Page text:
Patrick Tripp: Yeah. There's a lot of different starting points we see with customers. But I think you ultimately want to be thinking big, but starting small. Think about quick actionable wins you can build upon and further automate over time. For example, you might want to start with something like a welcome journey series, automating all the onboarding steps for new clients and new purchases. You want people to then evolve to more progressive profiling, and even predictive programs, leveraging machine learning, cart abandonment, and even win back and retention. I think having templates or kind of blueprints in place to help you manage is key, so be able to take advantage of that and sort of slowly build upon that can make things very easy to adapt. And even leverage things like simulation to really help you test different scenarios with a degree of confidence before you go and actually deploy things live.
Mila D'Antonio: I like that concept, Patrick, of quick wins. I think that could easily start with listening to the customer, which surprisingly, many companies forget to do at the start. But really obtaining that quantitative and qualitative feedback from customers to determine the ways to take action, I think that could really provide insights into their expectations and how they might change over time, and how they could evolve. So I think it could also really signal some of their pain points and confirm what's working well along the journeys and what really needs to change. So I think that's another good starting point. So Patrick, we hear a lot about organizing employees around the customer to enable a customer focused culture. Do you see that happening? Can you provide any good tips?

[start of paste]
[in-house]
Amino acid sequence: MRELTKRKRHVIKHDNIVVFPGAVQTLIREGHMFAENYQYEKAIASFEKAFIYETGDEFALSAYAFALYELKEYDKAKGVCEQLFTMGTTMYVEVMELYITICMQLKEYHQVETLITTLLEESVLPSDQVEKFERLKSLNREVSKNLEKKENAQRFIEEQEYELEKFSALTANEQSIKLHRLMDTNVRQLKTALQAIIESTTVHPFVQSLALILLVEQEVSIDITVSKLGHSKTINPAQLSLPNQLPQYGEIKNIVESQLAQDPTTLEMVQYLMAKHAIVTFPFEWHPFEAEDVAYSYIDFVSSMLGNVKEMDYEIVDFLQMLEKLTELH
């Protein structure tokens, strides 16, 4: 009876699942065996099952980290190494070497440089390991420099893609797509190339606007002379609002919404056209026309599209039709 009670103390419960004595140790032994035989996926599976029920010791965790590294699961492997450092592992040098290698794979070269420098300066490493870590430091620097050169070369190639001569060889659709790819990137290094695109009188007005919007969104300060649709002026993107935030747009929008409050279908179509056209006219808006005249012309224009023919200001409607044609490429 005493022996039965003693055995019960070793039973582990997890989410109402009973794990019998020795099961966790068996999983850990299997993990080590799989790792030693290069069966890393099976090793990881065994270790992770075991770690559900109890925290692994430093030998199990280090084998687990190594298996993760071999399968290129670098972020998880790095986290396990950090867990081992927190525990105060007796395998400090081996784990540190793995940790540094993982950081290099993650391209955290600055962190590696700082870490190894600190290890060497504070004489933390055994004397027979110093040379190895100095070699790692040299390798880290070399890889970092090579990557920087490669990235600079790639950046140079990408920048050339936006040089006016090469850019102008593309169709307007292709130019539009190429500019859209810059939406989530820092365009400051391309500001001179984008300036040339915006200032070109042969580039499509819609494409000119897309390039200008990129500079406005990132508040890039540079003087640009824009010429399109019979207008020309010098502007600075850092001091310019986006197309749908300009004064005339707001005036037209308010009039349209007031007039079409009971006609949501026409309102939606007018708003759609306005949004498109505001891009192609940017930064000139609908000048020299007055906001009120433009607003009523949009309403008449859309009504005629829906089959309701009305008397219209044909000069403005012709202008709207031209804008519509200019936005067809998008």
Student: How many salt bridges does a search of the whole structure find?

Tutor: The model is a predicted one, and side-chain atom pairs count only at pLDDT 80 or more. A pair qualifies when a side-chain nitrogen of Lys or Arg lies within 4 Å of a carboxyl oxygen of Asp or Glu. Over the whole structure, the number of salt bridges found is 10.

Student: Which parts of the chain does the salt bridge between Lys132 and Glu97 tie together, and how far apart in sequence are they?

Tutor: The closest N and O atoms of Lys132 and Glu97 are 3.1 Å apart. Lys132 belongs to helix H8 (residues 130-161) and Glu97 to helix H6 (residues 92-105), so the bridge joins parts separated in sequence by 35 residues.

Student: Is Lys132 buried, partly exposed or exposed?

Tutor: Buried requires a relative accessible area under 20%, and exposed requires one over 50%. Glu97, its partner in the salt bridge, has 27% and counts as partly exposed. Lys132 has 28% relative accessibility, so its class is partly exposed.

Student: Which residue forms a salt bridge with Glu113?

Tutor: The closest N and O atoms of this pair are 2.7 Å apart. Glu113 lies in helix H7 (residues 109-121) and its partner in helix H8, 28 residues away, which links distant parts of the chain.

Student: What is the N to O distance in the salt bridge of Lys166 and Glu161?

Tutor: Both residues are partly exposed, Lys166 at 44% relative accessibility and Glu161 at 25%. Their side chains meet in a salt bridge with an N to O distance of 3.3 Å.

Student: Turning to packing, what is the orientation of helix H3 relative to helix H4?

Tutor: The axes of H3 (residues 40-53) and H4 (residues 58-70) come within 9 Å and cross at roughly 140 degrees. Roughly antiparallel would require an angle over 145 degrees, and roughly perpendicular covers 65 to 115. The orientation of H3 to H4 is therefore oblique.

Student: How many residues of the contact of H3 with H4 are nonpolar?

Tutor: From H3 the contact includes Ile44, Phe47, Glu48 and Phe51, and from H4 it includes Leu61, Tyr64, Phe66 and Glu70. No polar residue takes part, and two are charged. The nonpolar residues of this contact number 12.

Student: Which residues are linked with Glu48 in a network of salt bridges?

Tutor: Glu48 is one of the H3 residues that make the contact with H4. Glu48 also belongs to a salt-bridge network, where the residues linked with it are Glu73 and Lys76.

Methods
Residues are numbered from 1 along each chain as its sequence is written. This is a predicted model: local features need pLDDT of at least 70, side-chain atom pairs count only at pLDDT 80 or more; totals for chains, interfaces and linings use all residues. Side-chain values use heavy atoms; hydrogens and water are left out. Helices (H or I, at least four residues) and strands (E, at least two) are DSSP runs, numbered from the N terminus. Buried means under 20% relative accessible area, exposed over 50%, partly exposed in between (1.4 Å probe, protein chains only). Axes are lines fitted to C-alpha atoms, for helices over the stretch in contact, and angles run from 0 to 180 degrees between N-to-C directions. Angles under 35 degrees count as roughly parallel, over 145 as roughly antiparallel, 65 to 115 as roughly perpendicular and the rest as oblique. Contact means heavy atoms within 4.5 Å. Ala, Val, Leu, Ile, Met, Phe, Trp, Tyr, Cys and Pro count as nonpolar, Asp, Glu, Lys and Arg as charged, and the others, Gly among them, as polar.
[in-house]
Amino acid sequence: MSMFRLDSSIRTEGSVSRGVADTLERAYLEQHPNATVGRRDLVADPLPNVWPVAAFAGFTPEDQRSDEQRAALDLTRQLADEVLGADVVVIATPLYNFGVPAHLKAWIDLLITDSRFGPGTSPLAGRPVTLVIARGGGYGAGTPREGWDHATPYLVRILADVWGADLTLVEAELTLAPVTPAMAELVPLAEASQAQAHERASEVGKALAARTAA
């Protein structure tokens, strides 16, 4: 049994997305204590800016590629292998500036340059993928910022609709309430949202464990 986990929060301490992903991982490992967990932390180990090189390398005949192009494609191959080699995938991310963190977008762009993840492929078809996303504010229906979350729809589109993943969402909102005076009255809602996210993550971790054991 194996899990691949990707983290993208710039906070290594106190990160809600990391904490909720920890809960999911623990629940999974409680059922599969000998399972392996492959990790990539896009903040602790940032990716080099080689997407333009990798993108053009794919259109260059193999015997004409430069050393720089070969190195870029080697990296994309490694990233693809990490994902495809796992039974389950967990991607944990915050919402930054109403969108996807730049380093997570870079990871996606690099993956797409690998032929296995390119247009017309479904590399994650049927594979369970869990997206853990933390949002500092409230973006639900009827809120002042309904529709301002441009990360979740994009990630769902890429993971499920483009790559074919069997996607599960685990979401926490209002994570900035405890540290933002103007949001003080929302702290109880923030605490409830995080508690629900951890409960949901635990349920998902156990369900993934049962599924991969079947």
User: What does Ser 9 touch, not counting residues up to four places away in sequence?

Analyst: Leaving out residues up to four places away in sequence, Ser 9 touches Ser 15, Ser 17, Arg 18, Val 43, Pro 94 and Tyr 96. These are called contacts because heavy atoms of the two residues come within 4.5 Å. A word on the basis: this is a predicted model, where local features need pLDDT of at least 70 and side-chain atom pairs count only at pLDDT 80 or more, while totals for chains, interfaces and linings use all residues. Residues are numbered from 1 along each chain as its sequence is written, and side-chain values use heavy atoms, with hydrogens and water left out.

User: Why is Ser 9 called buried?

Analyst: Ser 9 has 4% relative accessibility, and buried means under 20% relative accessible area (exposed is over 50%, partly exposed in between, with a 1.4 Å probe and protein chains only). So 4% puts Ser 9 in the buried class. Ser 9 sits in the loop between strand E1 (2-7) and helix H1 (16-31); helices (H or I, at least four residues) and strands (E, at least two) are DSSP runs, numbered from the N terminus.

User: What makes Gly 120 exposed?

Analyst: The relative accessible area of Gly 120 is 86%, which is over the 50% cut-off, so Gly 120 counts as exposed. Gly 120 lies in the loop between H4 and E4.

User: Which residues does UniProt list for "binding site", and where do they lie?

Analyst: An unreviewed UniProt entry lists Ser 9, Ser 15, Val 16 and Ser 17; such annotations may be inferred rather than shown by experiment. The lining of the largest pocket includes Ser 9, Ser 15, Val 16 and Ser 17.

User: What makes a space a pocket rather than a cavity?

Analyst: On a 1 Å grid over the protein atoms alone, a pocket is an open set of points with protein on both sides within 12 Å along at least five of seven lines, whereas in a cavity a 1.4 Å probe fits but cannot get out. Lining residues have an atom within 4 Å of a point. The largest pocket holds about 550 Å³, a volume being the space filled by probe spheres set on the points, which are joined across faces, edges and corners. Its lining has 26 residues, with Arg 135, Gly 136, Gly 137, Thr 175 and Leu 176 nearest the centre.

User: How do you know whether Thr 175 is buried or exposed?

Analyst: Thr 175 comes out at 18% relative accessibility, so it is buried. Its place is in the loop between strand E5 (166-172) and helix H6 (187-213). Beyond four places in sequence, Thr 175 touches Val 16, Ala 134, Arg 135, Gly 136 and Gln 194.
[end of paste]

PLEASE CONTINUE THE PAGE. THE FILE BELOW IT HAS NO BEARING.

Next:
Patrick Tripp: Yeah. That's a really great question. And the concept of journey orchestration and really improving that omnichannel experience really does require so many of the siloed functions to work together, so we're forcing function to get them to collaborate effectively, and they oftentimes disrupt orgs, and change titles and roles, but we see that as an evolution. One thing we do though to help our customers is really generate a real success model, where we align our strategic account teams to our customers to help them with best practices and roadmaps and health checks and quarterly business reviews to really help them get the most out of what they're doing with Cheetah and the relationship. We're trying to empower our customers in a more self service manner, helping them with training, and even learning in the product, to really help them on demand in the right moments, get the full value out of it, so a lot on the customer success side internally to help our customers.